Fuzzy Reporting - Press Helps to Distort Housing Data
I want to talk about the renewed tendency of the press to reiterate the pronouncements of the National Association of Realtors (NAR) apparantly without consideration for how badly they were bamboozled by the NAR from 2003 to 2008.
Check out this opening paragraph announcing the latest “great news” on existing home sales (emphasis mine):
March 23 (Bloomberg) -- U.S. Sales of previously owned homes unexpectedly climbed in February as record foreclosures brought bargain hunters into the market to take advantage of lower prices.
I am not clear on this “unexpectedly” part. Home sales always rise in February compared to January. That’s just part of the seasonal dynamic of home sales.
In good years and bad, February is a better month for home sales than January. That’s why the data series is “seasonally adjusted."
Look at the purple lines connecting January to February in the chart below from Calculated Risk. This covers both bubble years and lean years.
As you can see, each of the last four years has presented a successively lower home sales figure than the year prior, but February was always higher than January, despite the yearly declines. So I am unclear what the intent was in stating that home sales "unexpectedly" rose in February.
In my book, when something happens each and every year, it is "expected."
The real story is that home sales are still declining, but you won’t find that emphasized in Bloomberg, Reuters, the NYT or elsewhere. For the most part, that critical element of the story is “hidden in plain sight."
The real fun will begin from August through December, when the series nearly always falls. That’s when you will begin to hear the NAR, and their friends in the media, display a renewed preference for the “seasonally adjusted” numbers, provided those can be spun to provide a bullish, upbeat view of the housing market.
Why do we care?
Because being less than forthright with ourselves is largely to blame for the mess we’re in.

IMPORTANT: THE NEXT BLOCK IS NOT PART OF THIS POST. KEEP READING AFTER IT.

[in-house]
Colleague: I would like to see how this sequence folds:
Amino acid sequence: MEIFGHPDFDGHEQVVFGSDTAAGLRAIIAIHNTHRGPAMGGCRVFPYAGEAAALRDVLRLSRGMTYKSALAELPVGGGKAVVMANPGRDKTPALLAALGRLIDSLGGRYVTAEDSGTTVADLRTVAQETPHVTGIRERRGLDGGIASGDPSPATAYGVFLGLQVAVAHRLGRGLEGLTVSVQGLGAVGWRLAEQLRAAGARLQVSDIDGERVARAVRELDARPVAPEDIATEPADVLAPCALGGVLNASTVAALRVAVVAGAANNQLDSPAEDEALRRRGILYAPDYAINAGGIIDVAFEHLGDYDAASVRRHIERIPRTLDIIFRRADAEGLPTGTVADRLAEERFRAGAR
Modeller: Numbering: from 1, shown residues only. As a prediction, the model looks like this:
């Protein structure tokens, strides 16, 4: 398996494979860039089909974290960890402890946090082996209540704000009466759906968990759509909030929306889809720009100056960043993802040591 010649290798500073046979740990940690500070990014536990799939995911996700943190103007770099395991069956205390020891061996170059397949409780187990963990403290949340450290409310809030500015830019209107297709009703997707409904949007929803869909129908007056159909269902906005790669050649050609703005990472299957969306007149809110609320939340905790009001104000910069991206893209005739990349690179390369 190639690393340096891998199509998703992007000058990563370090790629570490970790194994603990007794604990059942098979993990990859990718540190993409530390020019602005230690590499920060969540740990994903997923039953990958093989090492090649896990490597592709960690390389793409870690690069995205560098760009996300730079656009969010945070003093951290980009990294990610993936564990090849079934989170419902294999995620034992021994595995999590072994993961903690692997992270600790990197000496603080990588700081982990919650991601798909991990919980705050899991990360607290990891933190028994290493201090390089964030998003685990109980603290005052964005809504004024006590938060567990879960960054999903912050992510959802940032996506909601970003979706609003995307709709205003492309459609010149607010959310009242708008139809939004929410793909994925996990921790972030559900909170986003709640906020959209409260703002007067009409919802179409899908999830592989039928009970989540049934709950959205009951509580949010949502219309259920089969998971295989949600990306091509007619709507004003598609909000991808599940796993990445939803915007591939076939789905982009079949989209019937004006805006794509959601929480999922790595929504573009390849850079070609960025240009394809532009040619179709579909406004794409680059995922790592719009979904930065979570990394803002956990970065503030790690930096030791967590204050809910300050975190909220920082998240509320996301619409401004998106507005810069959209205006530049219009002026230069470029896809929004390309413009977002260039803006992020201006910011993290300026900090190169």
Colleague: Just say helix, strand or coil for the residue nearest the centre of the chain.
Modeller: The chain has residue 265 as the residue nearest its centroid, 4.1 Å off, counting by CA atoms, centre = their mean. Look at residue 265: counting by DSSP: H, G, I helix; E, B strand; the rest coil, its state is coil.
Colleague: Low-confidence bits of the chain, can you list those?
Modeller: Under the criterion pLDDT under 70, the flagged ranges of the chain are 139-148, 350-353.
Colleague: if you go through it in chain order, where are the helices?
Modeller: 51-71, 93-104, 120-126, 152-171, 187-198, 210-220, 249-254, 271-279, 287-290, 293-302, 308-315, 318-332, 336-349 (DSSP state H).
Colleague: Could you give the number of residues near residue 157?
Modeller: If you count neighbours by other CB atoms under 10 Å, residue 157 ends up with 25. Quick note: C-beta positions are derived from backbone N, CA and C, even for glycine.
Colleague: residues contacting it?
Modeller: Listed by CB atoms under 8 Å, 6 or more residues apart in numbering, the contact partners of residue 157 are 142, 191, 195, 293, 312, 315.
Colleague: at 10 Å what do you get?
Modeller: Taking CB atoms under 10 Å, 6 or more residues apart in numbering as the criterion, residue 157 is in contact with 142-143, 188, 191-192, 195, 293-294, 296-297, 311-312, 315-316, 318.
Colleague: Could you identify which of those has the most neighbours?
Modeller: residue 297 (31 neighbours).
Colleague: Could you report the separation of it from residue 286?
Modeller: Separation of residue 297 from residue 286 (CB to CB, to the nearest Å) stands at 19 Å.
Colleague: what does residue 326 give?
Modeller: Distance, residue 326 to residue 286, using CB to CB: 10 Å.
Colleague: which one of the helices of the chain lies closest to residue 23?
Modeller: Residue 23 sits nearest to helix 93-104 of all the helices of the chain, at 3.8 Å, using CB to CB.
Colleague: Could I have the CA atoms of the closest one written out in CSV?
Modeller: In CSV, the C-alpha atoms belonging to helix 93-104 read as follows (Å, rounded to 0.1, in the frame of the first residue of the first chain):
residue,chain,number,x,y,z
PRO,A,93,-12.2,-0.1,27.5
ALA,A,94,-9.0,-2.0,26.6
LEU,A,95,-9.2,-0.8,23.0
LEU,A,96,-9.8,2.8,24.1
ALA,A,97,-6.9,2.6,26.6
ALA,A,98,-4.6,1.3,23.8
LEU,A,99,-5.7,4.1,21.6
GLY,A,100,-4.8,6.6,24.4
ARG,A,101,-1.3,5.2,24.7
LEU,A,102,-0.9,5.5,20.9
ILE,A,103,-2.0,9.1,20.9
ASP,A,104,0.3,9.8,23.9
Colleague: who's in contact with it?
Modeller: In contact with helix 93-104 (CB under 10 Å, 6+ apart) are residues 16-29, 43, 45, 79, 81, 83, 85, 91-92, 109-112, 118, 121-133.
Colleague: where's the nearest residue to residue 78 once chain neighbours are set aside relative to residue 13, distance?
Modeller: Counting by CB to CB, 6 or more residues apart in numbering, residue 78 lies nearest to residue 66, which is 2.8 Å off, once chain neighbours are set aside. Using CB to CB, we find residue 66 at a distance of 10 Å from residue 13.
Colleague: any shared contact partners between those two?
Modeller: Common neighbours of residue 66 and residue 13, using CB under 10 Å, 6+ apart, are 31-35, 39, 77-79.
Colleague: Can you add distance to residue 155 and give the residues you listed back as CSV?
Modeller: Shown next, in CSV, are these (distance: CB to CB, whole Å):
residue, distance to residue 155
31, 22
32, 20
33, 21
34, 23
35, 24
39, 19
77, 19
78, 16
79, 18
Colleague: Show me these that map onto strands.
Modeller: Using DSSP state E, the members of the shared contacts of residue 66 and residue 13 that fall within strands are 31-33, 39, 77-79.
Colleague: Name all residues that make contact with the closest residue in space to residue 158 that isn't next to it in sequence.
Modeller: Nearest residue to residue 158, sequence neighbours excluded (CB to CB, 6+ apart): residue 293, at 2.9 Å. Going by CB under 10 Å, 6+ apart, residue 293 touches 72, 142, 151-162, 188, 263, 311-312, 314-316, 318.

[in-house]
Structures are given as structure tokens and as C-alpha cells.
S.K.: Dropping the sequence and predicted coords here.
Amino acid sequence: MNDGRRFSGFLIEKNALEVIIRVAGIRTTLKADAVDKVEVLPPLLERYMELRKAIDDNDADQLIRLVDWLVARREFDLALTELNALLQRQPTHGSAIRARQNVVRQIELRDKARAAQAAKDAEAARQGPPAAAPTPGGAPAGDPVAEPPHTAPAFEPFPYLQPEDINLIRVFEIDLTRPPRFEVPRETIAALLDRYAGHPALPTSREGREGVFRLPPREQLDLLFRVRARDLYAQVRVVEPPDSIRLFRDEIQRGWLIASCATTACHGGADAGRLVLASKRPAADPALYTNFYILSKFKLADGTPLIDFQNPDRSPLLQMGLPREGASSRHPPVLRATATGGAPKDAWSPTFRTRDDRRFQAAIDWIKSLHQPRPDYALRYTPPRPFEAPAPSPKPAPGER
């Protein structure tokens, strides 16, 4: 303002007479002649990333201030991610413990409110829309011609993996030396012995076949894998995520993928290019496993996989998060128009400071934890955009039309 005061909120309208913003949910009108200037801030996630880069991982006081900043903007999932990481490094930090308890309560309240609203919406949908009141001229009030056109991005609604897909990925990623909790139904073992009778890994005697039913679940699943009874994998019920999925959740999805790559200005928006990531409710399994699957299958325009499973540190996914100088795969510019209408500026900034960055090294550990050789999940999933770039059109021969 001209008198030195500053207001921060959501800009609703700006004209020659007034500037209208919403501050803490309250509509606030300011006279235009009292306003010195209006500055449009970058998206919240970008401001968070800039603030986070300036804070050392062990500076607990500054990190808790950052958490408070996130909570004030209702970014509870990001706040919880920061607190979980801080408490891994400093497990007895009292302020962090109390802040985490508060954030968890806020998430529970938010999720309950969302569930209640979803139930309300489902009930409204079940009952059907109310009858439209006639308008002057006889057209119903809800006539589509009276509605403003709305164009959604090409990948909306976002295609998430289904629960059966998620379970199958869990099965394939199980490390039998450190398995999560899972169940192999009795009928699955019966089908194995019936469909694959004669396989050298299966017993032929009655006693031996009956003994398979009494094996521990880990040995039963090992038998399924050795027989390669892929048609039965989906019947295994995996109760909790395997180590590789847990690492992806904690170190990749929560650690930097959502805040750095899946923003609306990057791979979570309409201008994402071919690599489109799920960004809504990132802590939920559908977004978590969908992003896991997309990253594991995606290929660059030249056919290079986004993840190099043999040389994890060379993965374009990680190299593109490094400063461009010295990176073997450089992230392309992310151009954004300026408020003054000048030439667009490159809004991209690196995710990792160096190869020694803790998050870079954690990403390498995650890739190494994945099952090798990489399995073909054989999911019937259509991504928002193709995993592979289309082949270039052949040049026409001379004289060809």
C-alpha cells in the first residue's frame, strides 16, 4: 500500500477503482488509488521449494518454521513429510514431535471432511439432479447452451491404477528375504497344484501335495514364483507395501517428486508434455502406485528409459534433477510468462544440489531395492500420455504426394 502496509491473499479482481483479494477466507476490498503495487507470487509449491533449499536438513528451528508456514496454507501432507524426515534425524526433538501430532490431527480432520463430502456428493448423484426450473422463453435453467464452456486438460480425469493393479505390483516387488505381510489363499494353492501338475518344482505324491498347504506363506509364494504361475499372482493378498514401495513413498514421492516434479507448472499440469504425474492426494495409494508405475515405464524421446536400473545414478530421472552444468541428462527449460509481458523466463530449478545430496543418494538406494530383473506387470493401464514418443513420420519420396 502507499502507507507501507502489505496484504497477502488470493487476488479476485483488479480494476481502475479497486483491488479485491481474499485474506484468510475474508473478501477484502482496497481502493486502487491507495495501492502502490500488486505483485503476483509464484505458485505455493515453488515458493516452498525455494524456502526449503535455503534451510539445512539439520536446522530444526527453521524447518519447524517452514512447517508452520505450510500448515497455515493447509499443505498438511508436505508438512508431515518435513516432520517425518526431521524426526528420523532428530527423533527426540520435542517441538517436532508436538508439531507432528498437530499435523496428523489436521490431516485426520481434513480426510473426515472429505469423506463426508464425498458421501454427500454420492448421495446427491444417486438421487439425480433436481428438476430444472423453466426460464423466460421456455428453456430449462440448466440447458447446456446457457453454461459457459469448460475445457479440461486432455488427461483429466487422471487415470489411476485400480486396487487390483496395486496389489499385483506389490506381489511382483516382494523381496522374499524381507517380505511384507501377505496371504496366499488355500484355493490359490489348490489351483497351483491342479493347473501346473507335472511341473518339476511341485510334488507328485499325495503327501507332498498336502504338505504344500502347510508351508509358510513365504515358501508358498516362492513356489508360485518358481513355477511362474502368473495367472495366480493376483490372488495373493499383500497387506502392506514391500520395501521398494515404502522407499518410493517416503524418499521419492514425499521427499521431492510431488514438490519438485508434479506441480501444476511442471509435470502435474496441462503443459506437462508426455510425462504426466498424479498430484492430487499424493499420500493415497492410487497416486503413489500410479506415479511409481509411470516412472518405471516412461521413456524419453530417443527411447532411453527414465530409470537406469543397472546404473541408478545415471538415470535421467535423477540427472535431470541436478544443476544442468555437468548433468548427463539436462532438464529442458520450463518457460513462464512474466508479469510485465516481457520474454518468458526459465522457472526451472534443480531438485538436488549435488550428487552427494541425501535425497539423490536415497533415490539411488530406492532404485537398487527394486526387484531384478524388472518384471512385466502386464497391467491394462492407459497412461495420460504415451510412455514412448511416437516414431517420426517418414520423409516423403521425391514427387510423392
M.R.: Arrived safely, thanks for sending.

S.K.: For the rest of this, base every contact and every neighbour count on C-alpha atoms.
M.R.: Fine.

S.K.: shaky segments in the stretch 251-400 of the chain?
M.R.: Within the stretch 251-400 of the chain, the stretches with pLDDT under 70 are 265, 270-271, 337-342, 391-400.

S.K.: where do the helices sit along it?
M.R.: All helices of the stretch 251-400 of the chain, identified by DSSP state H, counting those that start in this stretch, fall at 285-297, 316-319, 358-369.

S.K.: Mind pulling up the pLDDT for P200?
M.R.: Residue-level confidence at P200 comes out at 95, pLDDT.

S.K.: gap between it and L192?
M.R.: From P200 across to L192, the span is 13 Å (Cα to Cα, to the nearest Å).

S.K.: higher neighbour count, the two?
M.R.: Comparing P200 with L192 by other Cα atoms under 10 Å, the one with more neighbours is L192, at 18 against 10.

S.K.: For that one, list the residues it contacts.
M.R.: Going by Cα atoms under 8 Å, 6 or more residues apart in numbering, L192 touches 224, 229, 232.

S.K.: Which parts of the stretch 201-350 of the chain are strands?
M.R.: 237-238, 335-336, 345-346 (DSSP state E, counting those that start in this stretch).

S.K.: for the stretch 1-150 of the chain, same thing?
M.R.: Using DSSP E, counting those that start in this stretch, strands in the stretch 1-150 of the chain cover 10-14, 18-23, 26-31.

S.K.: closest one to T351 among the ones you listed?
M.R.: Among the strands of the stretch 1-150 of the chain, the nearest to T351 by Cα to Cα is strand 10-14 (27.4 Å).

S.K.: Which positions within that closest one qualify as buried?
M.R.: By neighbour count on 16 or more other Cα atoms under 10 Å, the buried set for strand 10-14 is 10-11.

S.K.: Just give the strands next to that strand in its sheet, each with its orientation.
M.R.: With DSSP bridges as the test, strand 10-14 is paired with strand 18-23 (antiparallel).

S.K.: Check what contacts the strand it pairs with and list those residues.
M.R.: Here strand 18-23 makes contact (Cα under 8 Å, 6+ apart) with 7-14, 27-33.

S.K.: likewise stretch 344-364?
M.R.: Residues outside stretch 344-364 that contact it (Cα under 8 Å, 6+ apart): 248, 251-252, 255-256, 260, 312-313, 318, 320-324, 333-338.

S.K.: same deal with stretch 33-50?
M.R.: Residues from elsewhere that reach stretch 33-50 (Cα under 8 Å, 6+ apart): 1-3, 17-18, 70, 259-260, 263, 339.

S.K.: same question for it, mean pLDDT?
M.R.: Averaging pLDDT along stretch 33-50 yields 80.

Because we owe it to ourselves to take an unflinching look at the data and see what it says, without needing to couch it in the same soothing but patronizing tones that one might use on a 3 year old with a lightly skinned knee.
But even the numbers above, as misrepresented as they are, do not even remotely begin to display the true severity of the story.
For that we’ll have to use our ability to connect information separated by as many as a dozen paragraphs of material.
Here’s the second paragraph of the Bloomberg article.
Purchases increased 5.1 percent to an annual rate of 4.72 million from 4.49 million in January, the National Association of Realtors said today in Washington.
See what they did there? Announcing a 5.1% increase in home sales sounds good right? While we had to go and dig for a chart showing that a 5.1% increase is pretty much par for the course going from January to February, most folks would have been left with the impression that there was some sort of an unusual bounce there.
We now know that February sales are down each of the past four years and that this Jan-to-Feb bounce was nothing special at all. It was expected and ordinary. But I digress....
There’s another, even bigger, element to this story that’s just sitting there practically gnawing on the press’ lower legs, just 14 paragraphs down:
Home foreclosures were up 30 percent in February from a year earlier, according to RealtyTrac Inc., an Irvine, California-based seller of default data. A total of 290,631 properties got a default or auction notice or were seized by banks.
Lessee here...290k seized properties (many of which count as "sales" in the NAR methodology) times 12 months gives us 3.48 million homes in default, slated for auction, or seized.
When we divide these 3.48 million (annualized) defaulted or seized properties by the 4.72 million in total reported sales (also annualized), we immediately discover that a full 73% of recent housing activity was distressed.
By mixing foreclosure data with organic house sales, the NAR and the press have badly misrepresented the actual condition of the housing market.
This would be like counting auto repossessions as “sales” and then reporting a big increase in auto buying after a wave of repossessions had swept through a city.
It’s just plain wrong to count things this way, and everybody knows it. But still we do it.
Such Fuzzy Reporting was one of the prime causes of our self-induced housing excess and I am not at all clear on why continuing that practice makes sense at this time.
I think in the future I’ll refer to this as “Jiminy Cricket reporting.”